From my many visits to Bwaise which happens to be the home of the African Girl initiative-Uganda a project of Man up, I was visiting one family that I have made friends with; together with a friend we decided to buy gifts for the family during the festive season,
I am greeted smiles that are void of warmth, but I am getting used to that because there is always an issue with this family. This family is headed by a single dad, a taxi or matatu driver with four girls, Rukia 9, Shadia13, Halima15 and Sarah 17. Halima is my favorite so we needed to buy a something from the shops. She accompanied me, as we meandered through the slums, she told me that they had had a lot of challenges lately, I had spent over three months without visiting them but I got the shock of my life, at how much water had passed under the bridge during my absence.
“My sister, Shadia,” she opens the dialogue now I am curious to know what could have happened to the beautiful girl. “Well, about a month ago Sarah and I we were away, we had gone somewhere so the two young ones we alone at home. The door pane was broken, a man broke into the house and raped my sister, Rukia ran out and screamed, but there is no one that came to their rescue he screams fell on deaf ears. It was about 8.00pm, there was still noise in the neighborhood probably, nobody noticed that that was a strange cry that had come from this desperate 9 year old.”
A few days later, they took her to the hospital to do some checkups to find out whether she had contracted HIV or any other dangerous STDs, the nurse checked but said that there wasn’t any trace of HIV, however she said that after a month they should go back and carry out confirmatory tests. They went back even before a month had elapsed because Shadia had strange feeling in her body, yet by then they had no money, Halima had to sacrifice her remaining school fees to take her sister to the hospital, the nurse after carrying out tests revealed to them that she was pregnant, that was the last news their dad would take in. They had nothing else to do but to tell him what was going on before it was too late.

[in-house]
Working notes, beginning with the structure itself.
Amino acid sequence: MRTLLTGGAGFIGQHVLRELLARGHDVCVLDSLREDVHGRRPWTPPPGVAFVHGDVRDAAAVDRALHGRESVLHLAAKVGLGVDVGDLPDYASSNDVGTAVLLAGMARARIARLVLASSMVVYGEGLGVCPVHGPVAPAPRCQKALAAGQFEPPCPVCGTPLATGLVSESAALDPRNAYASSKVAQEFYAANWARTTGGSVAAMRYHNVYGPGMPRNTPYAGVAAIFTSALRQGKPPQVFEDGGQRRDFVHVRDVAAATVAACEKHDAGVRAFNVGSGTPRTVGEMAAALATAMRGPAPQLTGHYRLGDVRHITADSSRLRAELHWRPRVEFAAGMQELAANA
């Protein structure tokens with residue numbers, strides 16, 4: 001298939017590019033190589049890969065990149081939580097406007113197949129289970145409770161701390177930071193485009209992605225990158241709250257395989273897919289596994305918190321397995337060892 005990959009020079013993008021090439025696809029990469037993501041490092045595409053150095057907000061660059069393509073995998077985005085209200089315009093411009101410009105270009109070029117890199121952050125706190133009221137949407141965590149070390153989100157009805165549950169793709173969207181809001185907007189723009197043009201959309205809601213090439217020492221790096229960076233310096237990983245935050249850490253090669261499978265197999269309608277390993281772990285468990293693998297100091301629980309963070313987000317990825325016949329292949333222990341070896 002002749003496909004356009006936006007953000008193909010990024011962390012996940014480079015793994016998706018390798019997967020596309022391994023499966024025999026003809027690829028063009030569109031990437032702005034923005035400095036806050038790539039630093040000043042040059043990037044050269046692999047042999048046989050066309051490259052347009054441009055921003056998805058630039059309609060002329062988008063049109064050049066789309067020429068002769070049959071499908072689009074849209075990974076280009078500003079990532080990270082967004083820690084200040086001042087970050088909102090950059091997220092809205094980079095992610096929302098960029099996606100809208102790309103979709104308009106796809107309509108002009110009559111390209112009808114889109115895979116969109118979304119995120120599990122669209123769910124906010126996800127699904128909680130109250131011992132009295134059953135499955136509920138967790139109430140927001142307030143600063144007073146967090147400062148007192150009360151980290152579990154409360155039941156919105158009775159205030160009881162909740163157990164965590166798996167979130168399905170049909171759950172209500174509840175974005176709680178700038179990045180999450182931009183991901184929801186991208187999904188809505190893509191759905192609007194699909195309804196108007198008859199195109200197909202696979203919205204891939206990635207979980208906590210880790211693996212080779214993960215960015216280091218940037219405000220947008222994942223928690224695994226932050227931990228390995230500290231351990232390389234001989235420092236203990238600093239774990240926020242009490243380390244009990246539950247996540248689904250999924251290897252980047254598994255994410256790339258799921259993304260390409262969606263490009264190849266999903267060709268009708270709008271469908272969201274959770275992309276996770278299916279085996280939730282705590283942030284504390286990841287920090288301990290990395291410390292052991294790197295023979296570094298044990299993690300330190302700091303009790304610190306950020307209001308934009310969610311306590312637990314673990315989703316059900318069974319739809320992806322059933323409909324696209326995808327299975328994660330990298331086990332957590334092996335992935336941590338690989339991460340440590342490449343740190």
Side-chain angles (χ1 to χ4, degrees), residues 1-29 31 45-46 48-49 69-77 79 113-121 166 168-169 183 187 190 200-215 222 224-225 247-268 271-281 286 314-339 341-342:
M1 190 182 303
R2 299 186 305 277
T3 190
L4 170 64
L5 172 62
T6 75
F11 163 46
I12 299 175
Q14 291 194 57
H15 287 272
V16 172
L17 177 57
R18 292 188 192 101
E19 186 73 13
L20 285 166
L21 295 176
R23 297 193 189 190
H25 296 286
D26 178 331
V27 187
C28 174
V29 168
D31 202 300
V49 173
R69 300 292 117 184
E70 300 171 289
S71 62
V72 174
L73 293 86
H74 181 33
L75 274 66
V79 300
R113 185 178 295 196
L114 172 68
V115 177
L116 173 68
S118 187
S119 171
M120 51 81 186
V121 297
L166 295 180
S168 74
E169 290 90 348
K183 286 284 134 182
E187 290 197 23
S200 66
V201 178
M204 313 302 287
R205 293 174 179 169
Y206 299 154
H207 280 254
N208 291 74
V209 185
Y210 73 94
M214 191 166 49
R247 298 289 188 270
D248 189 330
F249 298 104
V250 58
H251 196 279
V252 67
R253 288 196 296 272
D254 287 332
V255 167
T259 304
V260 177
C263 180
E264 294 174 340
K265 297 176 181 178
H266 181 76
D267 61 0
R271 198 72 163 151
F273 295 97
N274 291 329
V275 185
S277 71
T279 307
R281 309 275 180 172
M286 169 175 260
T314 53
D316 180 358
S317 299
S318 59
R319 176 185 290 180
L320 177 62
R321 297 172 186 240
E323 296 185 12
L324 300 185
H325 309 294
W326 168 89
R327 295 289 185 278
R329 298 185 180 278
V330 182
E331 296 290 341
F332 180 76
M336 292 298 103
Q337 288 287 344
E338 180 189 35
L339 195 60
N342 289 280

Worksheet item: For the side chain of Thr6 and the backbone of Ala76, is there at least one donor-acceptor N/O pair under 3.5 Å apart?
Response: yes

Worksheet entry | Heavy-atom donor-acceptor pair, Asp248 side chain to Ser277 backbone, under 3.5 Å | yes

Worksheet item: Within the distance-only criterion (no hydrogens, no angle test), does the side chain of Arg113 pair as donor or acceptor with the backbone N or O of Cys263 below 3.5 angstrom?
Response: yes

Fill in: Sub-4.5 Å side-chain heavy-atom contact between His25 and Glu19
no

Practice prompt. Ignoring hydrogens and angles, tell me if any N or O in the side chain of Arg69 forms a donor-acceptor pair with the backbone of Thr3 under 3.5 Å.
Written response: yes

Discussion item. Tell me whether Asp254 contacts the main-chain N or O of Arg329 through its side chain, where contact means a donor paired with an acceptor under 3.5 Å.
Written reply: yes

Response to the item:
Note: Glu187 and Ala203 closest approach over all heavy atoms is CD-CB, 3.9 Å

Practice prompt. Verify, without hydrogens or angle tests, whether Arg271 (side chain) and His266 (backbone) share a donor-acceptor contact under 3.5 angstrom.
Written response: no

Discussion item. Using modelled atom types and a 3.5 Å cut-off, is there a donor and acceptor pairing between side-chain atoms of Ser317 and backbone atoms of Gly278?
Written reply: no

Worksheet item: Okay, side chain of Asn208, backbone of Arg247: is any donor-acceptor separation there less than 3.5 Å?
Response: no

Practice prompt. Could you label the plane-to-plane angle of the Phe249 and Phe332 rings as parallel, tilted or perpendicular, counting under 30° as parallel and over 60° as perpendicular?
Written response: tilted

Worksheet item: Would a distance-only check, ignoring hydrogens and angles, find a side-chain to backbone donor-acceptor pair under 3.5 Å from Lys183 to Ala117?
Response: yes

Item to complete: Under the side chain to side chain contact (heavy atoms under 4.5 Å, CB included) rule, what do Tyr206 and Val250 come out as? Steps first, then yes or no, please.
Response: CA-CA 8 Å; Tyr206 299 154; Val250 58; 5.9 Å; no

He gave them some money to carry out an abortion. A friend of the family recommended them to a place where they would do it effectively and cheaply. They didn’t talk over this again with their dad, it was done. Three days after the abortion, she was still bleeding heavily; they went back to the nurse that had broken the news of the pregnancy. “We went back and the nurse at the first clinic gave us some pain killers and the bleeding ceased. My sister still has purse discharge but she’s improving.”
When I ask about the offender she says “We know him, he is a slum boy but since the incident, he has taken off, and we don’t want to bother with the police because we know that nothing will be done. So why waste our time?”
Our conversation ended abruptly we had arrived home we couldn’t carry on with our conversation, as I observed the young girl she is deeply traumatized. We were taking pictures but she didn’t want to have any of hers taken. She is sad and more wanting to be left alone.
This is just one of the many girls in these slums that are sexually abused and no justice is ever pursued, partly because justice for sexual violence victims is not only is expensive but one must deal with police that still has a long way to go in protecting what is left of these survivors’ dignity. Families keep quiet about such incidents leaving girls to live with trauma.
By Prudence Nyamishana